General Court erred in law when it imposed the requirement on EUIPO to construct elements of earlier designs in assessing the novelty of a design

Print this page 02-11-2017
IPPT20170921, CJEU, Easy Sanitary Solutions and EUIPO v Nivelles

ess.pngError in law in judgment of the General Court when it imposed the requirement on EUIPO to construct elements of earlier designs in assessing the novelty of a design. Rightly held that ‘sector concerned’ within meaning of Article 7(1) of the EU Designs Regulation is not limited to that of the product in which the contested design is intended to be incorporated or applied. The General Court erred in law when it imposed the requirement that the informed user of the contested design should know the product in which the earlier design is incorporated or to which it is applied. 

 

DESIGN LAW 

 

ESS and EUIPO both appeal against a judgment of the General Court of the European Union of 13 May 2015. In this judgment, he General Court annulled the decision of the Third Board of Appeal of EUIPO in which was decided for a declaration of invalidity for a design of a shower drain.

 

According to the Court of Justice, General Court erred in law, in paragraphs 77 to 79 and 84 of the judgment under appeal, when it imposed the requirement on EUIPO that, for the purpose of assessing the novelty of the contested design, EUIPO should construct the earlier design from the various elements of one or more earlier designs in various extracts of Blücher catalogues attached to the application for a declaration of invalidity, even though the applicant for a declaration of invalidity had failed to reproduce in its entirety the design that it claimed to be earlier. According to the Court, it is for the applicant for a declaration of invalidity to produce a complete representation of that earlier design. Moreover, any potential combination would be flawed since it would necessarily entail approximations. it must be noted that the operative part of the judgment under appeal, in so far as it annuls the contested decision, is well founded. An error of law does not invalidate a judgment under appeal if its operative part is well founded on other legal ground.In the judgment under appeal in particular that the design that Group Nivelles claimed before EUIPO to be earlier was a complete drainage device for liquid waste offered by Blücher. Since EUIPO is not alleging any distortion in this regard, its argument that Group Nivelles referred to such a complete device for the first time at the stage of the action before the General Court cannot succeed.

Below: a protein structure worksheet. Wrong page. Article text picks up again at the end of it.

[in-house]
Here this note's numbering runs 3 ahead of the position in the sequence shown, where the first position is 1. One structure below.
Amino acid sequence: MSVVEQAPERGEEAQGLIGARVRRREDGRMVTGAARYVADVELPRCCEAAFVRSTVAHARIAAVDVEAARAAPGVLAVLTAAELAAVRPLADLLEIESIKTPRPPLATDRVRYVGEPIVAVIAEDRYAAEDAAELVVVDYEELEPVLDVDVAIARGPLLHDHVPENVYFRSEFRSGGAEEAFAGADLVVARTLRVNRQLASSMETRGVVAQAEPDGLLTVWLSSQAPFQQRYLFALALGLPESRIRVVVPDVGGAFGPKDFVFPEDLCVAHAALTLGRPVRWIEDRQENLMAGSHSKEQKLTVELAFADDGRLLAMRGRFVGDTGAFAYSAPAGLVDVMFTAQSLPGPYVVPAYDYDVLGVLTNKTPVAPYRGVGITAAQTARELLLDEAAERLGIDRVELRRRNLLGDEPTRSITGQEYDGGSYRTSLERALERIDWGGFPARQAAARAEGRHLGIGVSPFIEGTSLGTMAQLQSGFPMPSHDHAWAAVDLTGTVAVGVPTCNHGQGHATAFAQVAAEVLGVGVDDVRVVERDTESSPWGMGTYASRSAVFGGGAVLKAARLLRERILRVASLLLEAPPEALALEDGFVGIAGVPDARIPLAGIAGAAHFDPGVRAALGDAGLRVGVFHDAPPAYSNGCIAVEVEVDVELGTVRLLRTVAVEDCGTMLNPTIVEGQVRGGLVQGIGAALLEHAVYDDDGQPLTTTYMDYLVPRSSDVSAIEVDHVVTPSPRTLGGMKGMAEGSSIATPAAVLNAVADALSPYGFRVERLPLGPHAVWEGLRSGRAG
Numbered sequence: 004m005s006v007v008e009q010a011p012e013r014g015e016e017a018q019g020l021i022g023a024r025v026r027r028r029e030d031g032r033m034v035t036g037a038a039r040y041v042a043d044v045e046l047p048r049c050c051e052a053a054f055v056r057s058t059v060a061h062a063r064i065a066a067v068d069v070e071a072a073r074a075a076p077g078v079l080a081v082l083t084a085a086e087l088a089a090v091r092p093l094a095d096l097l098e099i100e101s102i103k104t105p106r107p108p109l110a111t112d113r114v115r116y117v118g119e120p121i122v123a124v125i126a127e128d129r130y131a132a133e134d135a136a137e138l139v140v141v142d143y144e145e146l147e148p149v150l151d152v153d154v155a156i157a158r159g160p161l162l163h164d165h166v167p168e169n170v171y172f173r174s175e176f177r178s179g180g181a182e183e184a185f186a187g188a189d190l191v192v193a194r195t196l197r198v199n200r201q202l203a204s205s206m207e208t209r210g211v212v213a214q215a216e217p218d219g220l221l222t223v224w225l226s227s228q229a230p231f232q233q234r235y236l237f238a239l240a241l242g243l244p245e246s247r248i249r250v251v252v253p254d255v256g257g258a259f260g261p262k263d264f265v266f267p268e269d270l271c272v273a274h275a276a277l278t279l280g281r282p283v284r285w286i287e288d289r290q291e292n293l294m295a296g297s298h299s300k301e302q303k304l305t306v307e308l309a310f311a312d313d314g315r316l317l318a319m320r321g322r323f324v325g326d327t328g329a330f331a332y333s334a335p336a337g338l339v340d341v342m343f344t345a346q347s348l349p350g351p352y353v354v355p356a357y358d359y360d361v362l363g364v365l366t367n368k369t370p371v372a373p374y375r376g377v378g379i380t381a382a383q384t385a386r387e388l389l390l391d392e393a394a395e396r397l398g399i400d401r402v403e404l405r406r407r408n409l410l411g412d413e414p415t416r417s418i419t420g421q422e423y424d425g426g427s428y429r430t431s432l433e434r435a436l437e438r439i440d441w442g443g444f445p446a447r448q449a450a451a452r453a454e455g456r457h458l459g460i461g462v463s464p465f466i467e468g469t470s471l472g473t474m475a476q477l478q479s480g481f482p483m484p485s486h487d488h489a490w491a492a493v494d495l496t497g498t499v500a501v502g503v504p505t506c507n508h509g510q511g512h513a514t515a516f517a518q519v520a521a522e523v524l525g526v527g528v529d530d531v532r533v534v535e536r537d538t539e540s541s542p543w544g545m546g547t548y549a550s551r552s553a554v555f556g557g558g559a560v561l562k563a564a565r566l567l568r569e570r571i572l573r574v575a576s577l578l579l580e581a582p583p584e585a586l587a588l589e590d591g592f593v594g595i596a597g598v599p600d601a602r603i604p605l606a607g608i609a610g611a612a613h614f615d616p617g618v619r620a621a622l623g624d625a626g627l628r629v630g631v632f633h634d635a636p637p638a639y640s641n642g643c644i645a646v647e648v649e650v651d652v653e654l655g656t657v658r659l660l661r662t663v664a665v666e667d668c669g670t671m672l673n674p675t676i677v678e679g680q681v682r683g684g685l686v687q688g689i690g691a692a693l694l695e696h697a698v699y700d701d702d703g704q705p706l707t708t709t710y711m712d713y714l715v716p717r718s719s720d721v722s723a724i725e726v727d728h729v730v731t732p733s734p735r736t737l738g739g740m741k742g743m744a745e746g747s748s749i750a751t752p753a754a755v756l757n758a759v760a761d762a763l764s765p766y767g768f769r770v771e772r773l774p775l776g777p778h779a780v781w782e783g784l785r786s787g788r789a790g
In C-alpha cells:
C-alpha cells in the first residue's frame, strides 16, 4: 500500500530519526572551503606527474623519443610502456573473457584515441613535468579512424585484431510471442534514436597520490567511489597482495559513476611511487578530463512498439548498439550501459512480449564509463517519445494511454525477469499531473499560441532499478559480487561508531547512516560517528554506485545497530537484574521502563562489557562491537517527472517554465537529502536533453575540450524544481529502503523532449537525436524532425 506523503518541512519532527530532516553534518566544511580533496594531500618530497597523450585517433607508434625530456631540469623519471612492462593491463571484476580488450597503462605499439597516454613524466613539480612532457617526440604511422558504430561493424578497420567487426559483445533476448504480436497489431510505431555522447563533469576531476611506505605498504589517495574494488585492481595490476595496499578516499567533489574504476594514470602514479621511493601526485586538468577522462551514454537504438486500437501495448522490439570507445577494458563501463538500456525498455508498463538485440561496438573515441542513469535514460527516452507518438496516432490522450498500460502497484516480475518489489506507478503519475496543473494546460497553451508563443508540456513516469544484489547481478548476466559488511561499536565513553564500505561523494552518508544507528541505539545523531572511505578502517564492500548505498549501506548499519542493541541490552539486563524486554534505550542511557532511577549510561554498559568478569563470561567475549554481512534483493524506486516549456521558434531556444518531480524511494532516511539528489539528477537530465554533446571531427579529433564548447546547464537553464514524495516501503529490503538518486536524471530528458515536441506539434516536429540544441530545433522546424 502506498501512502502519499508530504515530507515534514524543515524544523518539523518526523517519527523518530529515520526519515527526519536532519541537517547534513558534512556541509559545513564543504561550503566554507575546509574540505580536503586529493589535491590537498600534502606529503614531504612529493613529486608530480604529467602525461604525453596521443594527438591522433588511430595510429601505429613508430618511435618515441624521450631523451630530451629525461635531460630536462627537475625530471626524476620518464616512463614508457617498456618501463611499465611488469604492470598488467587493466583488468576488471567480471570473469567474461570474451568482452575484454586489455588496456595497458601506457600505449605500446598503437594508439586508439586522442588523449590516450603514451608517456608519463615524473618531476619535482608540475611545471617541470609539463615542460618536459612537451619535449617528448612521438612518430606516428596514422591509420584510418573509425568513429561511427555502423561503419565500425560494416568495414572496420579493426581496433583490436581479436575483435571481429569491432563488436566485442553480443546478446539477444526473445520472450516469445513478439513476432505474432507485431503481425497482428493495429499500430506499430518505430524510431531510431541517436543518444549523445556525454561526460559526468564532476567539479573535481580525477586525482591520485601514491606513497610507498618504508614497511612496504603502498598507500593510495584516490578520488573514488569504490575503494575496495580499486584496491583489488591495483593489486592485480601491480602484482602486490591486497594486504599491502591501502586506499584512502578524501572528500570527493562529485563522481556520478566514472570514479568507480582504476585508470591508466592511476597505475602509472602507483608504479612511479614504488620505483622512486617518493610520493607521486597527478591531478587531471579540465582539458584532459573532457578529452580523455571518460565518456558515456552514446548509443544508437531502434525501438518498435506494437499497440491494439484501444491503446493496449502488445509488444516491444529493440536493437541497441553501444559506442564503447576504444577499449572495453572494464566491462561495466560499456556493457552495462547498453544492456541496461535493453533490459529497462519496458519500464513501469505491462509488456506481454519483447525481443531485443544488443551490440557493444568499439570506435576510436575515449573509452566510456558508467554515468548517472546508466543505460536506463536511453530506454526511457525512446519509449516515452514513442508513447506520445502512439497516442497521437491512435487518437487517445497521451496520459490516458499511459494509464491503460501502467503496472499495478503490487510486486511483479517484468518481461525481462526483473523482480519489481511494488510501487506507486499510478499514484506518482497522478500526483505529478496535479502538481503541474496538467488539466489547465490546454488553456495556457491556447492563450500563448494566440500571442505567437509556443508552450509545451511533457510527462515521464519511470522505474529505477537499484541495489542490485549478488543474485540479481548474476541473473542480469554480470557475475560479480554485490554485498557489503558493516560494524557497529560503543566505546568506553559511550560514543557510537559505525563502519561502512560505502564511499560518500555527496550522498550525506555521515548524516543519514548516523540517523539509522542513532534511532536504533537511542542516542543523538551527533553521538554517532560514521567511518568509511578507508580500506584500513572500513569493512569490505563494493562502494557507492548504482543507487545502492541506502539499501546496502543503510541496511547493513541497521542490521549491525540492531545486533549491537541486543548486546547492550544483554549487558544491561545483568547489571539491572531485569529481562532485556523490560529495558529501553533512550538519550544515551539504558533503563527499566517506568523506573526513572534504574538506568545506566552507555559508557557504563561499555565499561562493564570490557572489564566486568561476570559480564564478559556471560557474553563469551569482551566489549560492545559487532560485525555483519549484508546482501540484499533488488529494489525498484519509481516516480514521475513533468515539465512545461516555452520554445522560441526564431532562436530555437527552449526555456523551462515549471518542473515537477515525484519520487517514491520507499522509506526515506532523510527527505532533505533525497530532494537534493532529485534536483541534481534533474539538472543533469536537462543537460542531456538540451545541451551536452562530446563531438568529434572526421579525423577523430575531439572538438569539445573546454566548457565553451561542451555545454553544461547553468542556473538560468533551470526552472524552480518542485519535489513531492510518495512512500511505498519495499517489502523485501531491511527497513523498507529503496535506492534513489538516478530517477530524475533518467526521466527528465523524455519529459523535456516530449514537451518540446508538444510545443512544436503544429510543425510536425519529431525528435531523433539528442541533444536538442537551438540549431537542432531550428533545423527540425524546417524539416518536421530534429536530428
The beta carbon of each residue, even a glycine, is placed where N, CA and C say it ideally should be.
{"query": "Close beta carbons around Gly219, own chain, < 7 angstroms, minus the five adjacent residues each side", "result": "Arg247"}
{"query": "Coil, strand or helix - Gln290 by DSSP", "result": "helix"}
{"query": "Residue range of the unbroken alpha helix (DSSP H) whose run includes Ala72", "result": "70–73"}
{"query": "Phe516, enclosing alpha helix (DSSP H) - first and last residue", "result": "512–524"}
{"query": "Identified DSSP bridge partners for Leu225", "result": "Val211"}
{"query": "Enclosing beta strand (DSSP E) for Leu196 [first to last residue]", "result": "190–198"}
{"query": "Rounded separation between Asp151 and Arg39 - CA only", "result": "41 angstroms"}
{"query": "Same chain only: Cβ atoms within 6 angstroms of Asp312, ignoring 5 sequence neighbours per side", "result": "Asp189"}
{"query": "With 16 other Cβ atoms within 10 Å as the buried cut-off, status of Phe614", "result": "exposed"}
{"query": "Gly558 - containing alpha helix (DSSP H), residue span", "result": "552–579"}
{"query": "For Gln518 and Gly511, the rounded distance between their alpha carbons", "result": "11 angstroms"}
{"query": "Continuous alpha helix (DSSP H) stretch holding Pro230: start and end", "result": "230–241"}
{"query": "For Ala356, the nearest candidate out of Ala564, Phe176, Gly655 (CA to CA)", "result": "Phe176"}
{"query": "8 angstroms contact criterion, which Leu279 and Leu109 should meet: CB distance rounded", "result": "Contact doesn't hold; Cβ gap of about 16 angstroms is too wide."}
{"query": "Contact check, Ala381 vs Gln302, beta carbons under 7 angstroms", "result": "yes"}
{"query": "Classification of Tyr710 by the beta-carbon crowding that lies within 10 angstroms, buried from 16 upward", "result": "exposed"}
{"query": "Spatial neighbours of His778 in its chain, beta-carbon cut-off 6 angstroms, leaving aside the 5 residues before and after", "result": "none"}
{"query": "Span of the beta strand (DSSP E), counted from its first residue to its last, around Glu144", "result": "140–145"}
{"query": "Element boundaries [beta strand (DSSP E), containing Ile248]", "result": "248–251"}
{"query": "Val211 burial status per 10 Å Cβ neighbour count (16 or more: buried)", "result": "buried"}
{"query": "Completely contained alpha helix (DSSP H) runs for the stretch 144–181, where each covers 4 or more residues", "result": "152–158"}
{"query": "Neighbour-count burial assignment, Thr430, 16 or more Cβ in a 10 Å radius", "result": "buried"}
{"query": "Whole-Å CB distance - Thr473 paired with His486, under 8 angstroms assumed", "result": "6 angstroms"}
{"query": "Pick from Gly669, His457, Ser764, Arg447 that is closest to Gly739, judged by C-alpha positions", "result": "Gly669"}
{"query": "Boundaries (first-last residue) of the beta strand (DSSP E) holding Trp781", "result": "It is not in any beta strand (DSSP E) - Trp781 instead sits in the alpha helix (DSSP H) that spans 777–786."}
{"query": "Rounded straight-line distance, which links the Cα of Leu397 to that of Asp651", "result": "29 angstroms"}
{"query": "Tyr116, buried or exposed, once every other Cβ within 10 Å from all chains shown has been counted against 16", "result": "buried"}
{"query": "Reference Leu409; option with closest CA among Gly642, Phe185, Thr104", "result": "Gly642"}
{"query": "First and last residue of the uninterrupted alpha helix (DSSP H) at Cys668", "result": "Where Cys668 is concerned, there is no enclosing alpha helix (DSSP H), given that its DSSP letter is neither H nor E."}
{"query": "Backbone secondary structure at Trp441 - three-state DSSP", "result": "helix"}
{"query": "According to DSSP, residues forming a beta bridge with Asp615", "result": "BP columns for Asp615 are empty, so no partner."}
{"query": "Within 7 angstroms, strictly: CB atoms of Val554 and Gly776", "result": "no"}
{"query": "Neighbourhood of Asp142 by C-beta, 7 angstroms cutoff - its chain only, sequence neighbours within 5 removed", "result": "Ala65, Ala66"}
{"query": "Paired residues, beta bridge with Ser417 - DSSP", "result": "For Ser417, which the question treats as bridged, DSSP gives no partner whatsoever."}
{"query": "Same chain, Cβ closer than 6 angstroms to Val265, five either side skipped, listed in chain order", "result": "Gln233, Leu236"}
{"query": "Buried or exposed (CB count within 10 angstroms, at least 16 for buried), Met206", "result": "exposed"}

The Court of Justice decides that the General Court was right to hold that the ‘sector concerned’, within the meaning of Article 7(1) of the EU Designs Regulation, is not limited to that of the product in which the contested design is intended to be incorporated or applied, because the wording of that article precluded a design from being considered to be new if an identical design had previously been made available to the public, regardless of the product in which that earlier design was intended to be incorporated or to which it was intended to be applied.

 

The General Court did not err in law when it held that an earlier design incorporated in or applied to a product that is different from the one to which the later design relates. If the General Court’s finding were to be followed, an applicant for a declaration of invalidity in respect of the contested design would have to prove not only that the earlier design had been made available to the public, within the meaning of Article 7(1) of the EU Designs Regulation, but also that the informed public of the design whose validity is contested knew that earlier design. 

 

That would be tantamount to requiring an applicant for a declaration of invalidity to provide evidence of two disclosures: a first disclosure to those in ‘circles specialised in the sector concerned’ and a second disclosure to users of the type of product relevant to the contested design. Such a requirement, besides being incompatible with the interpretation of the phrase ‘sector concerned’ would add a condition that neither the letter nor the spirit of Article 7(1) of the regulation provides and would be irreconcilable with the principle arising from Article 10(1) of that regulation, according to which the protection granted by the Community design extends to ‘any design’ that fails to produce on the informed user a different overall impression.

 

Even though the General Court erred in law when it imposed the requirement that the informed user of the contested design should know the product in which the earlier design is incorporated or to which it is applied, it must be held that those findings are part of an analysis that led the General Court to conclude that the sector concerned is relevant for the purpose of assessing the individual character. That conclusion is not challenged by EUIPO in its appeal and therefore it follows that EUIPO’s third ground of appeal must be rejected as being ineffective.

 

IPPT20170921, CJEU, Easy Sanitary Solutions and EUIPO v Nivelles 

 

C-361/15 P and C-405/15 P - EU:C:2017:720